Address: 501 Calle Norzagaray, San Juan, 00901, Puerto Rico
Hours: 9 am – 5 pm every day
Paseo de la Princesa
Paseo de la Princesa, which translates to Princess Promenade, is a pedestrian walkway by the San Juan Bay. Located in the historic district of Old San Juan, this picturesque promenade was built in 1853. It has undergone various renovations since then. You’ll take in breathtaking views of the San Juan Bay on one side, with the waves from the Caribbean Sea crashing against the shores. On the other side, you’ll get a good look at the majestic fortifications that were built centuries ago to protect the city from invasion.
Beyond the views, you’ll find a long line of street vendors selling everything from empanadas to handmade crafts to beaded jewelry. There is also an famous work of art, the Raíces Fountain, that features paintings of the different ethnic groups that make up Puerto Rican society – the African-descended people, the indigenous Taino people, and the Spanish conquistadors. This promenade is the perfect place to go for a stroll in the afternoon, people watch, and go souvenir shopping.
Address: Paseo de la Princesa, San Juan, 00901, Puerto Rico
Hours: 24 hours, 7 days a week
Catedral de San Bautista
Catedral of San Juan Bautista, also known as the Cathedral of Saint John the Baptist, is the second-oldest cathedral in the Americas. Completed in 1540, this Roman Catholic cathedral finest examples of Spanish colonial architecture. It features a mixture of Gothic and Baroque architecture, with an ornately-decorated altar made of gold. This towering cathedral has played a pivotal role in the cultural and spiritual life of Puerto Ricans for centuries, with many weddings, baptisms, and even state occasions taking place here. The Spanish explorer Juan Ponce de León is also buried at this cathedral. There are many churches in San Juan but Catedral de San Bautista is perhaps the most important. That makes it a must-see on your visit to Old San Juan, even if you’re not Catholic. The church is open to the public for free.
Address: 151 Calle del Cristo, San Juan, 00902, Puerto Rico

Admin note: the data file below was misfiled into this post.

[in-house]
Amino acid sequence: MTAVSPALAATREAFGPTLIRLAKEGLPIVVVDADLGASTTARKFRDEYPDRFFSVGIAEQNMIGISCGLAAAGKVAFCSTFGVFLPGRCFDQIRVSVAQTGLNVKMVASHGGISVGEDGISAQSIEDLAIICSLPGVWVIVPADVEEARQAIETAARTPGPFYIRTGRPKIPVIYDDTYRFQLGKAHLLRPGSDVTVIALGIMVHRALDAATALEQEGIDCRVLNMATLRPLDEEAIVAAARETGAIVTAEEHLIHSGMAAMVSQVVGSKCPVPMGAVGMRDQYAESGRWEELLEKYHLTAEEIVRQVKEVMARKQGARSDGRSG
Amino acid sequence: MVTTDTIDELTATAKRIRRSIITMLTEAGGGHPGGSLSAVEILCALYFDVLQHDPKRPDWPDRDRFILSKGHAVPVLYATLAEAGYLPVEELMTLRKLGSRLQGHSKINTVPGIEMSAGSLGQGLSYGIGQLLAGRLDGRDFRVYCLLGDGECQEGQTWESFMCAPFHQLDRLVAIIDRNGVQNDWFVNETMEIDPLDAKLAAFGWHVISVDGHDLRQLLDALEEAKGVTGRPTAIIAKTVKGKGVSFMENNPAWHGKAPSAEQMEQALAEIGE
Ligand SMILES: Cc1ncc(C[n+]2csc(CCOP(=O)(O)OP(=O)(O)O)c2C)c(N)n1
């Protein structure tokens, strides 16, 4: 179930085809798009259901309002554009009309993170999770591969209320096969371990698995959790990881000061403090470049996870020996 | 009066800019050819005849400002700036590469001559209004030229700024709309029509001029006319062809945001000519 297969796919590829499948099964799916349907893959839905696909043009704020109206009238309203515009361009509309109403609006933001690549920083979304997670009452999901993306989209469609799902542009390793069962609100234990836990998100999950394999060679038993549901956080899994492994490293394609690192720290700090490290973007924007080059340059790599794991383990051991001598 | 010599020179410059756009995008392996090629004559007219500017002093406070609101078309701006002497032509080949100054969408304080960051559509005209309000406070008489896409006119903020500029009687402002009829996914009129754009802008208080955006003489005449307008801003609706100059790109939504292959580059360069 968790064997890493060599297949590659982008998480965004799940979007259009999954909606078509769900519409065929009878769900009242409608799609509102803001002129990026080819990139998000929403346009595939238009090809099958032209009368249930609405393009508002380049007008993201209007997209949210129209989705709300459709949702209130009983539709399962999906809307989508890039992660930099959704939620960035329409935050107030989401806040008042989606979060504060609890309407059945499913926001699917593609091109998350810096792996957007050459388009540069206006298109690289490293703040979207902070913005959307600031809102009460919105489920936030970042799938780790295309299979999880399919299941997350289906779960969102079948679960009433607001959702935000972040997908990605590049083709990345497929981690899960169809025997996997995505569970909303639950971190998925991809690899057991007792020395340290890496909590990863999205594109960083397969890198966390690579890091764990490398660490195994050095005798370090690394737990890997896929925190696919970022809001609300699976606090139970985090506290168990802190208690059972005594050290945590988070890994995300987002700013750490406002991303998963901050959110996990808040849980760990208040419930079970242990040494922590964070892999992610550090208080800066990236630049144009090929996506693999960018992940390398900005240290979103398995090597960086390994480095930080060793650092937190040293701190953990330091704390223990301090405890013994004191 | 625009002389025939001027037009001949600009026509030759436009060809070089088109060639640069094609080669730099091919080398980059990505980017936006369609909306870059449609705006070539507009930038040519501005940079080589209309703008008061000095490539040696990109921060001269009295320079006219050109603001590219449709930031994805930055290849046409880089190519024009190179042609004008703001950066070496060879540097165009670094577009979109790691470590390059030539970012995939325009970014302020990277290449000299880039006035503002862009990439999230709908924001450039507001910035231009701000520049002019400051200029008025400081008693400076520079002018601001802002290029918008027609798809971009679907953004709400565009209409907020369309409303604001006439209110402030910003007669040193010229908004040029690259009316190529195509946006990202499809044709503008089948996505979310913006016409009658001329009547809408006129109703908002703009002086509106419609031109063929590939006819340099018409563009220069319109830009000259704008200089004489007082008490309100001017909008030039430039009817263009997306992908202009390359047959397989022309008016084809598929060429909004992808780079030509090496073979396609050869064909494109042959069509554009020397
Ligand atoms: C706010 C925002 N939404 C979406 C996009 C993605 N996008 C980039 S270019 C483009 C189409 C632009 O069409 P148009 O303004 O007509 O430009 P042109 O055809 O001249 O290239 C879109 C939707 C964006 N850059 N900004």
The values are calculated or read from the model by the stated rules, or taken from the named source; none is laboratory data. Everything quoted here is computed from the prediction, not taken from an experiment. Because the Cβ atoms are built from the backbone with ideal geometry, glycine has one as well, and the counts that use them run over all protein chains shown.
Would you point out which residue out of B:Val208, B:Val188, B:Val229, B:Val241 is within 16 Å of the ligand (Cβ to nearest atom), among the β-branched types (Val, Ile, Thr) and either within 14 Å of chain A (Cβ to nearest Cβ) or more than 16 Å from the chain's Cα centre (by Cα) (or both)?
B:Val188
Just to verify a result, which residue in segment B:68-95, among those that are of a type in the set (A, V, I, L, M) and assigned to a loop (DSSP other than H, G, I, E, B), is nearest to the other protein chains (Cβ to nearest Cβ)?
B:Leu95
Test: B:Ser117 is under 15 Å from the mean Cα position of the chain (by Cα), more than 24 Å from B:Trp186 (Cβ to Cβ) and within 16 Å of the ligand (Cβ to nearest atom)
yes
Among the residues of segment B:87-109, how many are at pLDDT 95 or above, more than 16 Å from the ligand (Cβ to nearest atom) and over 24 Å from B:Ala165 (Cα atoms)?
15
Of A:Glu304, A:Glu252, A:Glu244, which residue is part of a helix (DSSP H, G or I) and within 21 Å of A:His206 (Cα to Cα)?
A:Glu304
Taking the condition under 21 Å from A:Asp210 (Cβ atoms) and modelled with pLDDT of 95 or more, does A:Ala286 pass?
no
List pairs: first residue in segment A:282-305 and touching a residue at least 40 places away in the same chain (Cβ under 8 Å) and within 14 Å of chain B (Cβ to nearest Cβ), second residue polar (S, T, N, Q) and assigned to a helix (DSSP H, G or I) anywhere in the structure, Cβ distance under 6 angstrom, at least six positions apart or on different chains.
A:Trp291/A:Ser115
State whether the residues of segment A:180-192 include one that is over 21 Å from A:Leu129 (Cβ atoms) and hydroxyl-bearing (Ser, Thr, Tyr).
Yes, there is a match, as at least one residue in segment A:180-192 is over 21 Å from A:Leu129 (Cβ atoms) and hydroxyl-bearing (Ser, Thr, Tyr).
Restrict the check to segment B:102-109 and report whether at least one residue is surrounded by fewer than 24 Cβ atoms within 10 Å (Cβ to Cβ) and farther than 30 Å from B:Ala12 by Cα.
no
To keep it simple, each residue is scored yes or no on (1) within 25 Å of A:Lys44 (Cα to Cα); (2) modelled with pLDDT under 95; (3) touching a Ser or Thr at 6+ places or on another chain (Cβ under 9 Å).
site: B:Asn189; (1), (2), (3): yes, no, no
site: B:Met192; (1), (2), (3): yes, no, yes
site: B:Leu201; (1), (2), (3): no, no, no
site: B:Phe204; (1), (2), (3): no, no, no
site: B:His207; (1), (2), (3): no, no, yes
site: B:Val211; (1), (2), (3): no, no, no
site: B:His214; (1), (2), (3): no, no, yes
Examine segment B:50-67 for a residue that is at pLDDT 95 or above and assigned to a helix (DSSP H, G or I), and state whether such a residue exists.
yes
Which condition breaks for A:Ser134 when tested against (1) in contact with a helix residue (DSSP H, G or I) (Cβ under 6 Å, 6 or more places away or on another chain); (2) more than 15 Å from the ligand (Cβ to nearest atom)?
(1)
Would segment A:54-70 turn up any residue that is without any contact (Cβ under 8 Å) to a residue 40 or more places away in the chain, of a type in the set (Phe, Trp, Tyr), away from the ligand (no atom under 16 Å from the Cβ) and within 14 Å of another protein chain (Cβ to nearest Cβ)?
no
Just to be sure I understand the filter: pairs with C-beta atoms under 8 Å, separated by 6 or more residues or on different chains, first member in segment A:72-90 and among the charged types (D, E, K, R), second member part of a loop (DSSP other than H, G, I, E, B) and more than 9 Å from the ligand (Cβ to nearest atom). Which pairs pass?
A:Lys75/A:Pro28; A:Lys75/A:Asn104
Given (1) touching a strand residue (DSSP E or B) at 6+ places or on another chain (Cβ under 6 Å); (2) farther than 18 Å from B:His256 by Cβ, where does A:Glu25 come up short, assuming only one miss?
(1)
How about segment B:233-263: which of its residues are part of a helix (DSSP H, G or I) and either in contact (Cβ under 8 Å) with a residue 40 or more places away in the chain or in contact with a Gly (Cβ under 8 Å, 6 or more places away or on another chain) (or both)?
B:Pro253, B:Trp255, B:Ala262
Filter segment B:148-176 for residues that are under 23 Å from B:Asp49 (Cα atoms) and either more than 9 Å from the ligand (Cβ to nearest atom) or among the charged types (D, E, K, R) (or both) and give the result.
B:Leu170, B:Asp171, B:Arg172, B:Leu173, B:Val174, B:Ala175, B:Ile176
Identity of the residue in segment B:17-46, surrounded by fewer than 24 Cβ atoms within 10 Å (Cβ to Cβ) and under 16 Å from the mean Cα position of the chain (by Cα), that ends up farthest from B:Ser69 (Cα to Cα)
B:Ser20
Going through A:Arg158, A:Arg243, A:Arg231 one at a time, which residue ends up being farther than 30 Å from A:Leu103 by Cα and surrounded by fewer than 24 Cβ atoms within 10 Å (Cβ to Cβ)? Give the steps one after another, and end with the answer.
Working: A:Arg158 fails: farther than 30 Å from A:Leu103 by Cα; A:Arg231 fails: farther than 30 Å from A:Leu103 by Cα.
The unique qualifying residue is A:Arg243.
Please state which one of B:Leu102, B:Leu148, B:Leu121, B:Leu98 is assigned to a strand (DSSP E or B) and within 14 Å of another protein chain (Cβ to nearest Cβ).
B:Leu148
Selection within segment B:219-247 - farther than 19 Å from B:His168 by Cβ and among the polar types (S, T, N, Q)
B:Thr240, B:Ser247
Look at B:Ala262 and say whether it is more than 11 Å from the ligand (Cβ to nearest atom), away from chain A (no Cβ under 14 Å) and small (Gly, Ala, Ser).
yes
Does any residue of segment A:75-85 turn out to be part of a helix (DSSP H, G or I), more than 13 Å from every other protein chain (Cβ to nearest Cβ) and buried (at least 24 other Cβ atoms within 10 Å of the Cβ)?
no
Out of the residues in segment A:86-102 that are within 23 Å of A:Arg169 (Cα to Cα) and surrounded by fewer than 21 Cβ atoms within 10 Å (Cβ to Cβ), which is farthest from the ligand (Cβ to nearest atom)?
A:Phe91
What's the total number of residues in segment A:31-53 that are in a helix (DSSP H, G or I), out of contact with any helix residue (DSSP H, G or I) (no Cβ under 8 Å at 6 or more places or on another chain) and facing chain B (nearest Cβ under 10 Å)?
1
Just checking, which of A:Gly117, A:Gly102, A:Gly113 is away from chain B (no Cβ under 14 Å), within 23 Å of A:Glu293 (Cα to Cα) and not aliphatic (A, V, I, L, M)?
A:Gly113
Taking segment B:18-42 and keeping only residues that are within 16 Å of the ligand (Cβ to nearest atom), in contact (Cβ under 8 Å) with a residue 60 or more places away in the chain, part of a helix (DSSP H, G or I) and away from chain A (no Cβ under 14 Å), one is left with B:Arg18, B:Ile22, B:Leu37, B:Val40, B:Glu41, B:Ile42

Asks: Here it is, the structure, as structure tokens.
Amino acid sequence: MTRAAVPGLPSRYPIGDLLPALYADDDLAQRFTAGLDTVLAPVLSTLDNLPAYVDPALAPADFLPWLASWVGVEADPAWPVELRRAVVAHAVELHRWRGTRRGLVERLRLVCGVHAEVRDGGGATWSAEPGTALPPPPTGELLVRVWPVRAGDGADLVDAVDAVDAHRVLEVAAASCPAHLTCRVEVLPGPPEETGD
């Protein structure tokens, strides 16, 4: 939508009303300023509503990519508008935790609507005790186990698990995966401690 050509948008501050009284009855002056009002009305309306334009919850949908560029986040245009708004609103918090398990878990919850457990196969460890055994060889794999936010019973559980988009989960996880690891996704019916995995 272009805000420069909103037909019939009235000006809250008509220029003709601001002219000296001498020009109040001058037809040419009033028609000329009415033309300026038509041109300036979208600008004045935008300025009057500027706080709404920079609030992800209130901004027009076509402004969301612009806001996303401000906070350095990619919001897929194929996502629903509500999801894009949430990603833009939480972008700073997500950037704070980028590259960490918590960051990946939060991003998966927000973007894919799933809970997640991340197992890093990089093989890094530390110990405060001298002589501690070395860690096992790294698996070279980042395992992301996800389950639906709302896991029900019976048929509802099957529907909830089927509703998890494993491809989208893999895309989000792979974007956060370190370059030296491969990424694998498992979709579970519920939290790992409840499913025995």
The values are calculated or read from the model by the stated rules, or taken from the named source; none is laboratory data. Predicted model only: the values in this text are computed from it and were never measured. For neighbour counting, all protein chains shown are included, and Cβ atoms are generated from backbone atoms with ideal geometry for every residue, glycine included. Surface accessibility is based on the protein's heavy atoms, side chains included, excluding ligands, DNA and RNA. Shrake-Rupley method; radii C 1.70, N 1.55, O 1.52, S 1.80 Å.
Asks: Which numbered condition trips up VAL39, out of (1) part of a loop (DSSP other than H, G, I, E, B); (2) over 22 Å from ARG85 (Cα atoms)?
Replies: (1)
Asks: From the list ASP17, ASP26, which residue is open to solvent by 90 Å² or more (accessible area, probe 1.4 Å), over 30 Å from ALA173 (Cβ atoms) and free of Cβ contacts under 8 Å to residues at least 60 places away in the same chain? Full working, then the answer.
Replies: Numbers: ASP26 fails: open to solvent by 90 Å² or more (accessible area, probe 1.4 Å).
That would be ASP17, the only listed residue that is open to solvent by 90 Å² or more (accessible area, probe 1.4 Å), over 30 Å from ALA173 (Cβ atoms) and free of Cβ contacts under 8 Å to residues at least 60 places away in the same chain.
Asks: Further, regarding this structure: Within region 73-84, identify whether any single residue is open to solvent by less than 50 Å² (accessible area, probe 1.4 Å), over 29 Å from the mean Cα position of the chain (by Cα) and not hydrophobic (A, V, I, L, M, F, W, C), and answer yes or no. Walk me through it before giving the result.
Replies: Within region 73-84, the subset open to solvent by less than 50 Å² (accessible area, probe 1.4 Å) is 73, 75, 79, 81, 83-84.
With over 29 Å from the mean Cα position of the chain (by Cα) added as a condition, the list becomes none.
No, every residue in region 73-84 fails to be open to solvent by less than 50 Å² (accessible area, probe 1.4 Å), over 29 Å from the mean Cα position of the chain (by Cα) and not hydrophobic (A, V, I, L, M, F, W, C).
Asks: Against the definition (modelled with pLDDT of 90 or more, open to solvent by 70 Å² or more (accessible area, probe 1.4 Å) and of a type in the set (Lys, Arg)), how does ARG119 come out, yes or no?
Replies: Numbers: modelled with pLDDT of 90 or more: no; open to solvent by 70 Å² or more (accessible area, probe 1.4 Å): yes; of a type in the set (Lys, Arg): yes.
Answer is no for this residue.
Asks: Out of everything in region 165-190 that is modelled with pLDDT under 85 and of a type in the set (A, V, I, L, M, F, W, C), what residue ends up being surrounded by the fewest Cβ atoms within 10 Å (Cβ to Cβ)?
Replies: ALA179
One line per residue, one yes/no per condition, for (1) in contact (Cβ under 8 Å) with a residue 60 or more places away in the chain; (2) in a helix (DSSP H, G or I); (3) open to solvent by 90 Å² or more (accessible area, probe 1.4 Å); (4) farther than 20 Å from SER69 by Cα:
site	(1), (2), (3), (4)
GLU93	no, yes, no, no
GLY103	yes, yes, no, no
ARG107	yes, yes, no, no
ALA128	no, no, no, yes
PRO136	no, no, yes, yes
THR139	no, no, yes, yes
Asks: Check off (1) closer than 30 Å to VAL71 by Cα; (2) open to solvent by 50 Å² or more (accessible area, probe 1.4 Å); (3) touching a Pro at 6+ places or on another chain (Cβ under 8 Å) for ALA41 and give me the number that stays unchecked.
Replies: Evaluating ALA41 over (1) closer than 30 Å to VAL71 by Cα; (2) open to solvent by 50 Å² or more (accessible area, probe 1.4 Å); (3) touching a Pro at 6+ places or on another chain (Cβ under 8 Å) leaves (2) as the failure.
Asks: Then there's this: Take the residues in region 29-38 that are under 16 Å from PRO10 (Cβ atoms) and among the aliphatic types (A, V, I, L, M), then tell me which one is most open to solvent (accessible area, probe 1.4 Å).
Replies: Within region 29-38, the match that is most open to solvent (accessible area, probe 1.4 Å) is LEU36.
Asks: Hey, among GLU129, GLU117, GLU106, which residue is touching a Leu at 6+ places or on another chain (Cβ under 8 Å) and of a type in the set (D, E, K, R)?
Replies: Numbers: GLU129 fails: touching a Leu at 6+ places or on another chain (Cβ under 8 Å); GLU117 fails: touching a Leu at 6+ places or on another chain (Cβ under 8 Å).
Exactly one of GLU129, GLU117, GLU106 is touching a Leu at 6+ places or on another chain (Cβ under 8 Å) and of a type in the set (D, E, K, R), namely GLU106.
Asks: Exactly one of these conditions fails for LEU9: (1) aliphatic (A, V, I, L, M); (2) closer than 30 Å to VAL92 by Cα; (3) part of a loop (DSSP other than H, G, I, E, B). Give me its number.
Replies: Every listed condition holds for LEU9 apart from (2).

Hours: 9 am – 4 pm every day
Plaza de Armas
Plaza de Armas is the main plaza, or public square, in Old San Juan. Originally built as a training facility for the Spanish military, the plaza is now a a place of leisure. Tourists and locals alike gather here to enjoy concerts, festivals, and other cultural events. There are also a few notable structures at this plaza, including a a statue of the Spanish explorer, Juan Ponce de León and a statue of King Juan Carlos I of Spain. At the center, you’ll find a fountain with statues of religious and historical figures. This plaza is a great place to end your tour of San Juan. In the vicinity, you’ll find the San Juan City Hall and the Department of State building of Puerto Rico. You can sit down, relax, and bird watch before returning to your accomodation.
Address: FV8M+48H, San Juan, 00969, Puerto Rico
Hours: 24 hours, 7 days a week
Want to tour Old San Juan with a local guide?
While I’m a huge fan of self-guided walking tours, I also know the value of having a local guide show you around their city and explain what you are looking at. That’s why I’d recommend doing at least one guided tour of San Juan with a local operator in addition to your own self-guided tour.
One of the perks of doing a guided tour with my favorite tour operator, Get Your Guide, is being able to skip the long lines. If you wait until you arrive in San Juan to buy your tickets, you may be waiting for a long time, especially during the peak summer travel season. With a guided tour, you also get to learn directly from a local about the culture and history of San Juan, allowing you to better appreciate the sites, food, and other attractions. Below are the Get Your Guide tours I’d recommend in Old San Juan.
First, we have a foodie walking tour of Old San Juan that will give you a taste of Puerto Rican cuisine. A local guide will take you to the must-try restaurants in Old San Juan, where you’ll sample 10 delicious bites. You’ll also participate in a culinary class, where you’ll learn how to make the classic mofongo. The 3-hour tour comes with a bonus rum cocktail so that you can try Puerto Rico’s specialty drink.
The second tour I’d recommend is a sunset walking tour of Old San Juan. The sunsets in San Juan are something special, and you’ll get epic photos of the city at this time of the day. During this tour, a local guide will take you to historic places that aren’t included in this self-guided walking tour, such as the iconic Plaza Colón, Plaza de la Barandilla, and the ancient Palacio de la Intendencia. You’ll also discover the urban legend and mystery behind a chapel known as Capilla del Santo Cristo de la Salud. This 2-hour tour will fully immerse you in Puerto Rican culture and history.
Last but not least, it’s a good idea to get off the island and take in the whole scenery from a sailboat! This 90-minute sailing tour of San Juan is one of the best ways to experience the city. You’ll board a topsail and cruise around Old San Juan, taking in the city from a different vantage point. The sailing adventure comes with complimentary drinks, including rum, of course, so that you can unwind while you spot El Morro, La Fortaleza, and other iconic structures in the city. This would be an epic way to conclude your visit to San Juan.